Robert SCHUMANN (1810-1856)
Dichterliebe Op. 48 (1840)
Aksel Schiøtz (tenor); Gerald Moore (piano) (recorded 10 January 1946, studio) [26:22]
Charles Panzera (baritone); Alfred Cortot (piano) (recorded 17 June 1935, studio) [25:13]
Gerhard Hüsch (baritone); Hanns Udo Müller (piano) (recorded 29, 30 January 1936, studio) [26:59]
Frauenliebe und -leben, Op. 42 (1840)
Lotte Lehmann (soprano); Paul Ulanowsky (piano) (recorded 20 January 1946, New York, live) [21:40]
Marian Anderson (alto); Franz Rupp (piano) (recorded 29, 30 March 1950, studio) [21:01]
Kathleen Ferrier (alto); Bruno Walter (piano) (recorded 7 September
1949, Edinburgh Festival, live) [20:43]
MUSIC & ARTS CD-1235(2 [78:35 + 62:24]
This is an intriguing idea, one that sometimes crops up in
discs. We have three recordings each of these two song-cycles,
so there are six singers, six pianists, four studio cycles and
two live, and none previously unreleased.
All in fact will be familiar to collectors though I fancy that
the recordings of Dichterliebe will be the most well known.
Aksel Schiøtz’s 1946 recording with Gerald Moore was last heard
by me on the big box devoted to the singer on Danacord
[DACOCD 451-460] in a transfer that preserved more shellac hiss
but also a more open sound. Tully Potter wrote the notes for
that box and reprises the job for this disc. Schiøtz had a few
years earlier recorded the cycle with Folmer Jensen but as I
wrote in my review of that Danacord box there really is very
little to choose between them. He catches the right colour of
melancholy, the shading and shaping of lines and if he never
penetrates quite to the emotional heart of things he nevertheless
provides an exemplary example of nuanced and imaginative singing.
The next singer, Charles Panzera, is known to have admired Schiøtz
almost without reservation. The baritone set down his recording
in 1935 with Cortot as his studio partner, whose playing of
the postludes, in particular, has gone down in discographic
history. This famous set preserves a performance of compelling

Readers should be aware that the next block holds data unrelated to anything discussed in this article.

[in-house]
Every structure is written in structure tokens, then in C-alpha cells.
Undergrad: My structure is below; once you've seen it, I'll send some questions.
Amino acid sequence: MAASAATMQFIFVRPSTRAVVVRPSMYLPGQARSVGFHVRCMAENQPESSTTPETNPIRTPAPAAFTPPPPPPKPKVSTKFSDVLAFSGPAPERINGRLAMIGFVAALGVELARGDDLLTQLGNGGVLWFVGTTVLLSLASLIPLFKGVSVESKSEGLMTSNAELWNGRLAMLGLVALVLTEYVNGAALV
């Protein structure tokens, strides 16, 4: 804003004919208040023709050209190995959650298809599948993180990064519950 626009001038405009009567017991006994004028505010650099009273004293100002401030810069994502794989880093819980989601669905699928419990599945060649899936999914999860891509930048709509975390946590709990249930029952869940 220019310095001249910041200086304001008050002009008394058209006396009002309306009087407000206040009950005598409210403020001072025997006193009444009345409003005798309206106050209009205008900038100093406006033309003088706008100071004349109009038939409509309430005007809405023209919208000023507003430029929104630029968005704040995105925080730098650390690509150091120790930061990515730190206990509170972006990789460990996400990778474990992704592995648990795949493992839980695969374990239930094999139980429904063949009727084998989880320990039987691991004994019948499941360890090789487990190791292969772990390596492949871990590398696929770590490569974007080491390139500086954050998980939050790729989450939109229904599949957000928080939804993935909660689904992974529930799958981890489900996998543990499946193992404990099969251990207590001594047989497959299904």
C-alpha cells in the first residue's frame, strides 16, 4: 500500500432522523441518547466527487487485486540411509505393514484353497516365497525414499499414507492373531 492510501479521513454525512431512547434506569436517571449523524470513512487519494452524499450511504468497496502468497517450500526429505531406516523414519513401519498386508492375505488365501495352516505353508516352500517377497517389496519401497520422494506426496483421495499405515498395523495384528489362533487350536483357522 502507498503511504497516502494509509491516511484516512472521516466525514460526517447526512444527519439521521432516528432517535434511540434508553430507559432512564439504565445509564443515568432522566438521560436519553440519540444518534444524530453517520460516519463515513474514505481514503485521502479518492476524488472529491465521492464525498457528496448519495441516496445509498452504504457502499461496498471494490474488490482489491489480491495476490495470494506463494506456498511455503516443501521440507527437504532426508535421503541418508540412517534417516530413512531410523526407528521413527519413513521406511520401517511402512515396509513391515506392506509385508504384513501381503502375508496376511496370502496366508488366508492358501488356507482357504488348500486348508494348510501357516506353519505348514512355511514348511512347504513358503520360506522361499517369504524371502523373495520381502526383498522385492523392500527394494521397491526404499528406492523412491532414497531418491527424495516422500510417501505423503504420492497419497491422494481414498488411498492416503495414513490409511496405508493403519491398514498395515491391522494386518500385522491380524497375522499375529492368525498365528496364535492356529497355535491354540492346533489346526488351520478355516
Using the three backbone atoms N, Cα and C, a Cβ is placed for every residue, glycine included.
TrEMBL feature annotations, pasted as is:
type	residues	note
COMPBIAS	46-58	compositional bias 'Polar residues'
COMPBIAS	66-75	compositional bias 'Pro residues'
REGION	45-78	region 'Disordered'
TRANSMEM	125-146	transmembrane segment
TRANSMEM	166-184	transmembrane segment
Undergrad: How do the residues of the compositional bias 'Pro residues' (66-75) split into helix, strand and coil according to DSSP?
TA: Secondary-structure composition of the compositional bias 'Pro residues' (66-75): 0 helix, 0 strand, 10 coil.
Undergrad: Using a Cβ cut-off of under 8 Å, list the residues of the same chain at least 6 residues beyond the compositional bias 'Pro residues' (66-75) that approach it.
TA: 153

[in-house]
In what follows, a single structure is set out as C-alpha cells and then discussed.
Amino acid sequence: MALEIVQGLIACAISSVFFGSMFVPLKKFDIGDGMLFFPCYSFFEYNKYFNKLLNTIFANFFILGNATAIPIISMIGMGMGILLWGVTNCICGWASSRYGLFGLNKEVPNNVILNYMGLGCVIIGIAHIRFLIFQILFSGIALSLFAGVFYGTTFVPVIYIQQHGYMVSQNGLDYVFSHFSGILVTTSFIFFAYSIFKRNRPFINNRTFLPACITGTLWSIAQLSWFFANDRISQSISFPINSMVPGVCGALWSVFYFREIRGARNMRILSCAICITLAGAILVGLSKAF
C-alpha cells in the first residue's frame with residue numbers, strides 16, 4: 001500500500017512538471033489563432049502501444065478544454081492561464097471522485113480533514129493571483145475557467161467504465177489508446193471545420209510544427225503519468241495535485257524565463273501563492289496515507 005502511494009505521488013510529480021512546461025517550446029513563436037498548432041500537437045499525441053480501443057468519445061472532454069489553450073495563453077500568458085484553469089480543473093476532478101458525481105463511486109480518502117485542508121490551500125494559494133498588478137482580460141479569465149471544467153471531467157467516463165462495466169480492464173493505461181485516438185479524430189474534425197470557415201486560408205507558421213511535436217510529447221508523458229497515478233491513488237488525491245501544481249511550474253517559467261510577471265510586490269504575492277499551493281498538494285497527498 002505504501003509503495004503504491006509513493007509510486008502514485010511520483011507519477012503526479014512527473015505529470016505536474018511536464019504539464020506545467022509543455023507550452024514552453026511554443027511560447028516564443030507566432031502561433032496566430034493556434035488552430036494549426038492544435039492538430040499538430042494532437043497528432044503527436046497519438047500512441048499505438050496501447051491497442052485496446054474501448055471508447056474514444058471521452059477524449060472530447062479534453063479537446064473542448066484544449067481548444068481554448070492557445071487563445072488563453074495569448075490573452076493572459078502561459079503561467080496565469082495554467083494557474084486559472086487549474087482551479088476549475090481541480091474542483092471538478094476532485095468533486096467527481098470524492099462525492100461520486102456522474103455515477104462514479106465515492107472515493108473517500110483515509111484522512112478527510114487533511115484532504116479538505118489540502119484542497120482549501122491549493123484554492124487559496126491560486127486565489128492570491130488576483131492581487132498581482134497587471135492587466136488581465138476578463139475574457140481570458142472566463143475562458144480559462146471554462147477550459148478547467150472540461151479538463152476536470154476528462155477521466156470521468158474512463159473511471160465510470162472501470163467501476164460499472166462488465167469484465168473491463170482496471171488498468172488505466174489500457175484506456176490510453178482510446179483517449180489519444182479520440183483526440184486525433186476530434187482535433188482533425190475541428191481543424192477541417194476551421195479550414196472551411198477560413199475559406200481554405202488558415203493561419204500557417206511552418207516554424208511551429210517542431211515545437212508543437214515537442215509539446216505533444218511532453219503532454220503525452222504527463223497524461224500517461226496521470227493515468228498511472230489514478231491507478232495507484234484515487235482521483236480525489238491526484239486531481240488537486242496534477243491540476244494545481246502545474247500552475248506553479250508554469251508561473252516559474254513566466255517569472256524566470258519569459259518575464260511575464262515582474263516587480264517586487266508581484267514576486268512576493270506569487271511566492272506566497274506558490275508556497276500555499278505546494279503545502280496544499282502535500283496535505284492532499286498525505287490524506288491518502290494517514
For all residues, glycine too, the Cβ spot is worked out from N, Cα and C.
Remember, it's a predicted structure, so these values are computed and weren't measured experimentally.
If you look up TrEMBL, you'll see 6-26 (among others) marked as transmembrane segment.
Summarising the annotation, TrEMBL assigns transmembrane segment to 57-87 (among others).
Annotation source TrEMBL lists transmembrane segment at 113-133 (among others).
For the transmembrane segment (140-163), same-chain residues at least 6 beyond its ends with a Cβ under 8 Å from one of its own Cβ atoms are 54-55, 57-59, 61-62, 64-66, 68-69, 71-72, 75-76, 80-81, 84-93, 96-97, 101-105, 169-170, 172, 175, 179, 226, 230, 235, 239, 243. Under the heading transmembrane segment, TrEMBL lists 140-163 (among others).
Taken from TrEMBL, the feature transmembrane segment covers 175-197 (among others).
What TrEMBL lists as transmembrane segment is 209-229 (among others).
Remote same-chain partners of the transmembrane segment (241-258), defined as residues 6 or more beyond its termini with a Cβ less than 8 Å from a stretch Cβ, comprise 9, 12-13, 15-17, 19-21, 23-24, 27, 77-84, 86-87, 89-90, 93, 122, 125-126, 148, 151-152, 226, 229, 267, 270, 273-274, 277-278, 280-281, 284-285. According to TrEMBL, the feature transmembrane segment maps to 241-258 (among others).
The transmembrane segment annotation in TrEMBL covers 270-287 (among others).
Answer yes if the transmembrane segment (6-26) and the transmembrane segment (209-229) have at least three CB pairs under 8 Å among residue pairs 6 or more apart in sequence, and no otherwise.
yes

intimacy and understanding, marvellous colour and an avoidance
of extremes and exaggerations – one of the most centrally recommendable
of all such sets. The final Dichterliebe was recorded
the following year and features the only German pairing – that
of Gerhard Hüsch and Hanns Udo Müller. As with the Moore recording,
Müller – later to be killed in an Allied bombing raid – is a
touch reticently balanced but judged metrically he is a more
limpet like accompanist than the non-specialist Cortot. Elegant,
confident and controlled – these are some of the features of
this eminent reading, finely transferred.
The second disc offers three female voices in Frauenliebe
und -leben. Lotte Lehmann’s live recital is with Paul Ulanowsky
at Town Hall in New York in 1946. The recording was not especially
good, with a subterranean piano sound and some acetate damage,
but Lani Spahr has done his best to make it sound acceptable.
Lehmann’s very intimate, portamento-laden style is just about
audible and imparts a richly expressive though very choppily
phrased wisdom to the cycle. She was well past her best by this
point. Marian Anderson’s studio recording comes as balm after
the dingy sound accorded Lehmann. Anderson is by far the more
stoic, occasionally statuesque Schumann interpreter, less inclined
to wear emotions on her sleeve, but possessing a powerful interior
introspective quality – and that voice is heard in fine estate.
Finally we have Ferrier in Edinburgh with Bruno Walter – note
therefore that this is not the John Newmark studio recording.
The sound here is cramped but significantly better than the
Lehmann. Potter has a go at another (named) critic for the latter’s
dismissal of Walter’s piano playing but it’s surely legitimate
to point out that it is badly compromised technically, whilst
also noting its essential humanity.
There are links to the texts in the booklet, should you need
them. The two discs then, preserve six variably successful,
variably recorded documents from six singers of outstanding
qualities, though recorded again at different stages in their
own musical journeys. On the whole the Dichterliebe performances
are the more generally recommendable, for a variety of artistic
and technical reasons, but the diptych makes for imperishable
listening whatever deficiencies may also have been preserved.